- D. B. Lubahn, D. R. Joseph, P. M. Sullivan, H. F. Willard, F. S. French, E. M. Wilson. Science
240, 327ï¿½??330 (1988).
- C. J. Brown, S. J. Goss, D. B. Lubahn, D. R. Joseph, E. M. Wilson, F. S. French, H. F. Willard.
Am. J. Hum. Genet. 44, 264ï¿½??269 (1989).
- D. B. Lubahn, D. R. Joseph, M. Sar, J. A. Tan, H. N. Higgs, R. E. Larson, F. S. French, E. M.
Wilson. Mol. Endocrinol. 2, 1265ï¿½??1275 (1988).
- C. W. Gregory, B. He, E. M. Wilson. J. Mol. Endocrinol. 27, 309ï¿½??319 (2001).
- E. M. Wilson and F. S. French. J. Biol. Chem. 254, 6310ï¿½??6319 (1979).
- J. A. Kemppainen, M. V. Lane, M. Sar, E. M. Wilson. J. Biol. Chem. 267, 968ï¿½??974 (1992).
- J. A. Simental, M. Sar, M. V. Lane, F. S. French, E. M. Wilson. J. Biol. Chem. 266, 510ï¿½??518
- Z. X. Zhou, C. I. Wong, M. Sar, E. M. Wilson. Rec. Prog. Hormone Res. 49, 249ï¿½??274 (1994).
- C. S. Choong and E. M. Wilson. J. Mol. Endocrinol. 21, 235ï¿½??257 (1998).
- P. M. Bingham, M. O. Scott, S. Wang, M. J. McPhaul, E. M. Wilson, J. Y. Garbern, D. E. Merry,
K. H. Fischbeck. Nat. Genet. 9, 191ï¿½??196 (1995).
- A. R. La Spada, E. M. Wilson, D. B. Lubahn, A. E. Harding, K. H. Fischbeck. Nature 352, 77ï¿½??79
- C. S. Choong, J. A. Kemppainen, Z. X. Zhou, E. M. Wilson. Mol. Endocrinol. 10, 1527ï¿½??1535
- C. S. Choong, J. A. Kemppainen, E. M. Wilson. J. Mol. Evol. 47, 334ï¿½??342 (1998).
- J. A. Tan, D. R. Joseph, V. E. Quarmby, D. B. Lubahn, M. Sar, F. S. French, E. M. Wilson. Mol.
Endocrinol. 2, 1276ï¿½??-1285 (1988).
- Z. X. Zhou, J. A. Kemppainen, E. M. Wilson. Mol. Endocrinol. 9, 605ï¿½??615 (1995).
- L. P. Freedman. Endocrine Rev. 13, 129ï¿½??145 (1992).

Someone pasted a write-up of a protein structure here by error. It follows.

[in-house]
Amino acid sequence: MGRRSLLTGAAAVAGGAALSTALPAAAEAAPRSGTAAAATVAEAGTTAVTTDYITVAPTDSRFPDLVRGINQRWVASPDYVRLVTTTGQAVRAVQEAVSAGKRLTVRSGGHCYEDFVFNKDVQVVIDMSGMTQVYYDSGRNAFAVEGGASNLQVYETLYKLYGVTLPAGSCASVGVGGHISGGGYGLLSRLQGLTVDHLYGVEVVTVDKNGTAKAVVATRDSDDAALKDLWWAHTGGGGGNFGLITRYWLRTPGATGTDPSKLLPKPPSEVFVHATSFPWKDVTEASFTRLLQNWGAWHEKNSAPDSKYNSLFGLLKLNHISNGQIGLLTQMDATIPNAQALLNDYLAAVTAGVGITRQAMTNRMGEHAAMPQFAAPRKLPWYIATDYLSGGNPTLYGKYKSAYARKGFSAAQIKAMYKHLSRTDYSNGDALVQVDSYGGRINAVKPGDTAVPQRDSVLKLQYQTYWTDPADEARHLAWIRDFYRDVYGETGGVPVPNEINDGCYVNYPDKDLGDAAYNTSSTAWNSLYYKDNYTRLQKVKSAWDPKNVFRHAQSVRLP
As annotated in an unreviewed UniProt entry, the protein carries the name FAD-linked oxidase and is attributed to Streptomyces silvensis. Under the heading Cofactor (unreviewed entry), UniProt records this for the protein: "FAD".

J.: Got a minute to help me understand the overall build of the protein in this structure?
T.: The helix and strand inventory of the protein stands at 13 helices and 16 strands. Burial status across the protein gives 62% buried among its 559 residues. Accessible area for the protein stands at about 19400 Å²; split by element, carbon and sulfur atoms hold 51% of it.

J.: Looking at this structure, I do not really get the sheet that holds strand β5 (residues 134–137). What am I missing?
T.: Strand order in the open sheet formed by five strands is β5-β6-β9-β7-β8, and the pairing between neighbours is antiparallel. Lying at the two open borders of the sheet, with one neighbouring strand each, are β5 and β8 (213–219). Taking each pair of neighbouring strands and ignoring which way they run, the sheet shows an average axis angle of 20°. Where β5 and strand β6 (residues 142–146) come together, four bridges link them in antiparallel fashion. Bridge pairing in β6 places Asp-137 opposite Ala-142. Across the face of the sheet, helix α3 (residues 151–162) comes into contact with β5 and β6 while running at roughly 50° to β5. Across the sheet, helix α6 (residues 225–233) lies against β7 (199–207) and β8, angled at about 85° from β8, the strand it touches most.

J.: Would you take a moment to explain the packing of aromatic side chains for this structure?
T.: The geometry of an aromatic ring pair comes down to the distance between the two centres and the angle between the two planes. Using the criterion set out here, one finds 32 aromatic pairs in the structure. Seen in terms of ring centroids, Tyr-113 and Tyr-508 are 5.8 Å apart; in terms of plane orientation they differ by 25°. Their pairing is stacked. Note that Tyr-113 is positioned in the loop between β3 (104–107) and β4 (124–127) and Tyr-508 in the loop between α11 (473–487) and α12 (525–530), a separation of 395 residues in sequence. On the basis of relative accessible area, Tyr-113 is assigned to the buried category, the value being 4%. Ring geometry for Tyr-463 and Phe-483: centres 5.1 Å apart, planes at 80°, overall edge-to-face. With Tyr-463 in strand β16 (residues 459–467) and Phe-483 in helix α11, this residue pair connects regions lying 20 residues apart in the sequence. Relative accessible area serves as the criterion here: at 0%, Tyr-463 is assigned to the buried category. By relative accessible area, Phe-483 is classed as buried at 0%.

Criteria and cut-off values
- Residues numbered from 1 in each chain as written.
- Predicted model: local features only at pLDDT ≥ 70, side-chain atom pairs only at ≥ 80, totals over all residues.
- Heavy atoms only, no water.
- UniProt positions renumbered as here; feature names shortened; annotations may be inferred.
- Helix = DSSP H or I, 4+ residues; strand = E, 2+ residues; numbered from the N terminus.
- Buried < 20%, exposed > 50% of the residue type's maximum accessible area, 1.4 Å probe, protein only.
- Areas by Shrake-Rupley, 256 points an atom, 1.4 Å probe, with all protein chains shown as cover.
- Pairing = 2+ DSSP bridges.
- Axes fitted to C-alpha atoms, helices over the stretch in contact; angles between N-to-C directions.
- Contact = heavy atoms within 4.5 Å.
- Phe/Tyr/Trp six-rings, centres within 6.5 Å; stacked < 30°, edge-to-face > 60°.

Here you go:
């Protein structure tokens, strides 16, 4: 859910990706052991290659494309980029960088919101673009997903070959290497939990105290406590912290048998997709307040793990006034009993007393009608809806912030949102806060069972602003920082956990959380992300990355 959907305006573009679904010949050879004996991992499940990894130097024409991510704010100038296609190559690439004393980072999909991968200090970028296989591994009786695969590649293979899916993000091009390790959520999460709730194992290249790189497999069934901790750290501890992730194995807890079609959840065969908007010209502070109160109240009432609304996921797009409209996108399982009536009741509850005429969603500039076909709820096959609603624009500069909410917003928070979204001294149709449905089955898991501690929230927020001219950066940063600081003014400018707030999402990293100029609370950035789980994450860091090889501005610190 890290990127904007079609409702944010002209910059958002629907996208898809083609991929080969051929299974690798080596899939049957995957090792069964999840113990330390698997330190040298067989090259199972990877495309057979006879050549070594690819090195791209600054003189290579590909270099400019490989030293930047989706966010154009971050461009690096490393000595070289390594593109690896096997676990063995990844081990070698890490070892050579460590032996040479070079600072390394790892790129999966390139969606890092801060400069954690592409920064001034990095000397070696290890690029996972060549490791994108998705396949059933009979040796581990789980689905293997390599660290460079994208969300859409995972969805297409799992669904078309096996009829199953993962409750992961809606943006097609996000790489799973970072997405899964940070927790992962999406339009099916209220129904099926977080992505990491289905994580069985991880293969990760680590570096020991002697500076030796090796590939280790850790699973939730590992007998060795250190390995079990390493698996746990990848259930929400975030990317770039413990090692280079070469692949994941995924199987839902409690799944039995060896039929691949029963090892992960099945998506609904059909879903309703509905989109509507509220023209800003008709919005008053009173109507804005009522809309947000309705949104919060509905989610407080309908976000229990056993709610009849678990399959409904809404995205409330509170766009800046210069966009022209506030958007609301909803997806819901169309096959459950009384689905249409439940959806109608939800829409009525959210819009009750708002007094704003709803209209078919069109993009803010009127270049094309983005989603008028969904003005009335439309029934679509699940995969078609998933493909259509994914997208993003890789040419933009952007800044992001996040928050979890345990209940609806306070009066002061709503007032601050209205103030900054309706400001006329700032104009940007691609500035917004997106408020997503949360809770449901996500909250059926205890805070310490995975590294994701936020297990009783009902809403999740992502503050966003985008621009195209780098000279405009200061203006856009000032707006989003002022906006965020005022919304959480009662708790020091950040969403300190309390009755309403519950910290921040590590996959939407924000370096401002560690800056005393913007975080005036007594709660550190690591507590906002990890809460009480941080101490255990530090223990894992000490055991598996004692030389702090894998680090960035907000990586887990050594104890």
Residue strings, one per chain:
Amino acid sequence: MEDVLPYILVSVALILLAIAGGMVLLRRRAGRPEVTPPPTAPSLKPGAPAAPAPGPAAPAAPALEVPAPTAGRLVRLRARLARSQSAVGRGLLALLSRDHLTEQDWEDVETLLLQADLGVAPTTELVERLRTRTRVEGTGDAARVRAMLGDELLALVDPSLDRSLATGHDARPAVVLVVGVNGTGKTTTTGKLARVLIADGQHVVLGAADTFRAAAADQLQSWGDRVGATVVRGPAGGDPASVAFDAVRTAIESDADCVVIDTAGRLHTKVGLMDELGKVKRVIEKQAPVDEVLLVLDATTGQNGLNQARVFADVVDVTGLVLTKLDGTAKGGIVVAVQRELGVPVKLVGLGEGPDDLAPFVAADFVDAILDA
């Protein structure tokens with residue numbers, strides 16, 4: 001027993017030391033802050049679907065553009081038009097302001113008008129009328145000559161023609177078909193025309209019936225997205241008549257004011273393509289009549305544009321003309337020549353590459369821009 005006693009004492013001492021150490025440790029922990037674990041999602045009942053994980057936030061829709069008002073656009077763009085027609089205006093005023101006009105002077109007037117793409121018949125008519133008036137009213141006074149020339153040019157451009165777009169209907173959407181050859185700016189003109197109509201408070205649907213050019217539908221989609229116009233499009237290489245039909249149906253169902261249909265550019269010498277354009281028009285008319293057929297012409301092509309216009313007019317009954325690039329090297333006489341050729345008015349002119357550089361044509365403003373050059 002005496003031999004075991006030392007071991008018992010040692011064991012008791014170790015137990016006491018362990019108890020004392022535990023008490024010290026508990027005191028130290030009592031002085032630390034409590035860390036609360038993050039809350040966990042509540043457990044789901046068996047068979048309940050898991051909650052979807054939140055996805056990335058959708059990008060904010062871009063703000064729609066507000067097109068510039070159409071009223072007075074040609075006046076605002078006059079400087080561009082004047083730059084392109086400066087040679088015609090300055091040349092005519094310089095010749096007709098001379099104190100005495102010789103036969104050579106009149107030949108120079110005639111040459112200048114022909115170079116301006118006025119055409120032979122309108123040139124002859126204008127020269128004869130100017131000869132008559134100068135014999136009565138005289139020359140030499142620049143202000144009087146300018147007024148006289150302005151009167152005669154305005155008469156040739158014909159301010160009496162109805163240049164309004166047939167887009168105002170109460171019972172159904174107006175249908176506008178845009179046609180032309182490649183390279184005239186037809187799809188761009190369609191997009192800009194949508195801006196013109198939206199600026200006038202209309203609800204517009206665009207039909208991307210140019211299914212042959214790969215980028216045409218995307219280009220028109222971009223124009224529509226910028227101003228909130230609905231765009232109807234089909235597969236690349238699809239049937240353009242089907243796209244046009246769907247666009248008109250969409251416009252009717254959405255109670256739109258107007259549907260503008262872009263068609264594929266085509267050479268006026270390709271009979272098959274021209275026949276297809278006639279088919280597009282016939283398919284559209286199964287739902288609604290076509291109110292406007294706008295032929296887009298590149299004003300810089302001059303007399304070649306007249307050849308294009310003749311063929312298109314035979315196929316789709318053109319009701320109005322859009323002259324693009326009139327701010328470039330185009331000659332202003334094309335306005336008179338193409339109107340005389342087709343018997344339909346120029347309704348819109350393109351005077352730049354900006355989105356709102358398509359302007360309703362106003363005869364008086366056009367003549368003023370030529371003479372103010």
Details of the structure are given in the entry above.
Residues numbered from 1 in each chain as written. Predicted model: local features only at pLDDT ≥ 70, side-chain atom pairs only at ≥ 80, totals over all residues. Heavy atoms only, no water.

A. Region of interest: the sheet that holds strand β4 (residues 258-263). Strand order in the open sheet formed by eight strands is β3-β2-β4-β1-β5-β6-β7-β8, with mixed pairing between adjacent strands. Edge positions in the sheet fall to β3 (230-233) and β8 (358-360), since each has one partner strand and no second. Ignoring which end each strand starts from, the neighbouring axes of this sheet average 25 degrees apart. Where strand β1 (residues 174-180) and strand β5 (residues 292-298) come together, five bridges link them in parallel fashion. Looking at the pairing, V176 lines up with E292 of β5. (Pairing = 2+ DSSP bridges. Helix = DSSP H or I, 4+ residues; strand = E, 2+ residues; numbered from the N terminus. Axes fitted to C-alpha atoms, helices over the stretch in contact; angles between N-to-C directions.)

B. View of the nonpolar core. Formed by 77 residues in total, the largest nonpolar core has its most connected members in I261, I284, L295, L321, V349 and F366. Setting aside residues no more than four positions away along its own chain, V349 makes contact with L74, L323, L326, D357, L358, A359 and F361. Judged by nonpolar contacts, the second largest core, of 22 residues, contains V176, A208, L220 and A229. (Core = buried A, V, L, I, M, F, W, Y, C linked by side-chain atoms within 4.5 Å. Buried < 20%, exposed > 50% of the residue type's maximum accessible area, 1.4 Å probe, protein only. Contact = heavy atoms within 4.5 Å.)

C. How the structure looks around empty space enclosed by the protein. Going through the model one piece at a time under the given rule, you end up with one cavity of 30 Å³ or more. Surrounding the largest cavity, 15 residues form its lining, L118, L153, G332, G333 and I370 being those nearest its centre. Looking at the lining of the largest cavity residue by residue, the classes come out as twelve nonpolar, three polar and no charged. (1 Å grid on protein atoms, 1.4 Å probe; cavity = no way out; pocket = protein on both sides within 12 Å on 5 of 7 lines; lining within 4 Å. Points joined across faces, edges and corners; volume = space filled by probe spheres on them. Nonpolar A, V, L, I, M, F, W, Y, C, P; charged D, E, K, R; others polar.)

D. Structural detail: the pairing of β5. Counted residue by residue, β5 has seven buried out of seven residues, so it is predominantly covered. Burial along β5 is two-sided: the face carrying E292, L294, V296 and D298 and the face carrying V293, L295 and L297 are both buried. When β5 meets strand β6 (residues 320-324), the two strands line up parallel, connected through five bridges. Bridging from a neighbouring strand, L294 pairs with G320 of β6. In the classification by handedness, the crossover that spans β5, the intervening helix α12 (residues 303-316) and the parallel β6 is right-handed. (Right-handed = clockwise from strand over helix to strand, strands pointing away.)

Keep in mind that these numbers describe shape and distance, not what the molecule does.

- C. I. Wong, Z. X. Zhou, M. Sar, E. M. Wilson. J. Biol. Chem. 268, 19004ï¿½??19012 (1993).
- K. C. Ho, K. B. Marschke, J. A. Tan, S. G. A. Power, E. M. Wilson, F. S. French. J. Biol. Chem.
268, 27226ï¿½??27235 (1993).
- J. A. Tan, K. B. Marschke, K. C. Ho, S. T. Perry, E. M. Wilson, F. S. French. J. Biol. Chem. 267,
- K. C. Ho, V. E. Quarmby, F. S. French, E. M. Wilson. J. Biol. Chem. 267, 12660ï¿½??12667 (1992).
- K. C. Ho, R. Snoek, V. E. Quarmby, D. H. Viskochil, P. S. Rennie, E. M. Wilson, F. S. French, N.
Bruchovsky. Biochemistry 28, 6367ï¿½??6373 (1989).
- N. J. Charest, D. R. Joseph, E. M. Wilson, F. S. French. Mol. Endocrinol. 2, 999ï¿½??1004 (1988).
- D. H. Viskochil, S. T. Perry, O. A. Lea, D. W. Stafford, E. M. Wilson, F. S. French. J. Biol. Chem.
258, 8861ï¿½??8866 (1983).
- K. B. J. M. Cleutjens, H. A. G. M van der Korput, C. C. Ehren-van Eekelen, R. A. Sikes, C.
Fasciana, L. W. Chung, J. Trapman. Mol. Endocrinol. 11, 1256ï¿½??1265 (1997).
- N. M. Greenberg, F. J. DeMayo, P. C. Sheppard, R. Barrios, R. Lebovitz, M. Finegold, R.
Angelopoulou, J. G. Dodd, M. L. Duckworth, J. M. Rosen, R. J. Matusik. Mol. Endocrinol. 8,
- S. Kasper, P. S. Rennie, N. Bruchovsky, P. C. Sheppard, H. Cheng, L. Lin, R. P. C. Shiu, R. Snoek,
R. J. Matusik. J. Biol. Chem. 269, 31763ï¿½??31769 (1994).
- A. Scheller, R. I. Scheinman, E. Thompson, C. O. Scarlett, D. M. Robins. Mol. Cell. Endocrinol.
121, 75ï¿½??86 (1996).
- J. A. Tan, S. H. Hall, K. G. Hamil, G. Grossman, P. Petrusz, J. Liao, K. Shuai, F. S. French. Mol.
Endocrinol. 14, 14ï¿½??26 (2000).
- J. A. Tan, S. H. Hall, K. G. Hamil, G. Grossman, P. Petrusz, F. S. French. J. Biol. Chem. 277,
- A. M. Moilanen, H. Poukka, U. Karvonen, M. HÃ¤kli, O. A. JÃ¤nne, J. J. Palvimo. Mol. Cell. Biol.
18, 5128ï¿½??5139 (1998).
- Z. X. Zhou, M. Sar, J. A. Simental, M. V. Lane, E. M. Wilson. J. Biol. Chem. 269, 13115ï¿½??13123
- M. Sar, D. B. Lubahn, F. S. French, E. M. Wilson. Endocrinology 127, 3180ï¿½??3186 (1990).
- C. W. Gregory, R. T. Johnson, J. L. Mohler, F. S. French, E. M. Wilson. Cancer Res. 61,
- P. M. Matias, P. Donner, R. Coelho, M. Thomaz, C. Peixoto, S. Macedo, N. Otto, S. Joschko, P.
Scholz, A. Wegg, S. BÃ¤sler, M. SchÃ¤fer, U. Egner, M. A. Carrondo. J. Biol. Chem. 275,
- J. S. Sack, K. F. Kish, C. Wang, R. M. Attar, S. E. Kiefer, Y. An, G. Y. Wu, J. E. Scheffler, M. E.
Salvati, S. R. Krystek, R. Weinmann, H. M. Einspahr. Proc. Natl. Acad. Sci. USA 98, 4904ï¿½??4909
- J. P. Renaud, N. Rochel, M. Ruff, V. Vivat, P. Chambon, H. Gronemeyer, D. Moras. Nature 378,
- E. M. Wilson and F. S. French. J. Biol. Chem. 251, 5620ï¿½??5629 (1976).
- J. A. Kemppainen, E. Langley, C. I. Wong, K. Bobseine, W. R. Kelce, E. M. Wilson. Mol.
Endocrinol. 13, 440ï¿½??454 (1999).
- C. I. Wong, W. R. Kelce, M. Sar, E. M. Wilson. J. Biol. Chem. 270, 19998ï¿½??20003 (1995).
- E. Langley, Z. X. Zhou, E. M. Wilson. J. Biol. Chem. 270, 29983ï¿½??29990 (1995).
- Z. X. Zhou, M. V. Lane, J. A. Kemppainen, F. S. French, E. M. Wilson. Mol. Endocrinol. 9,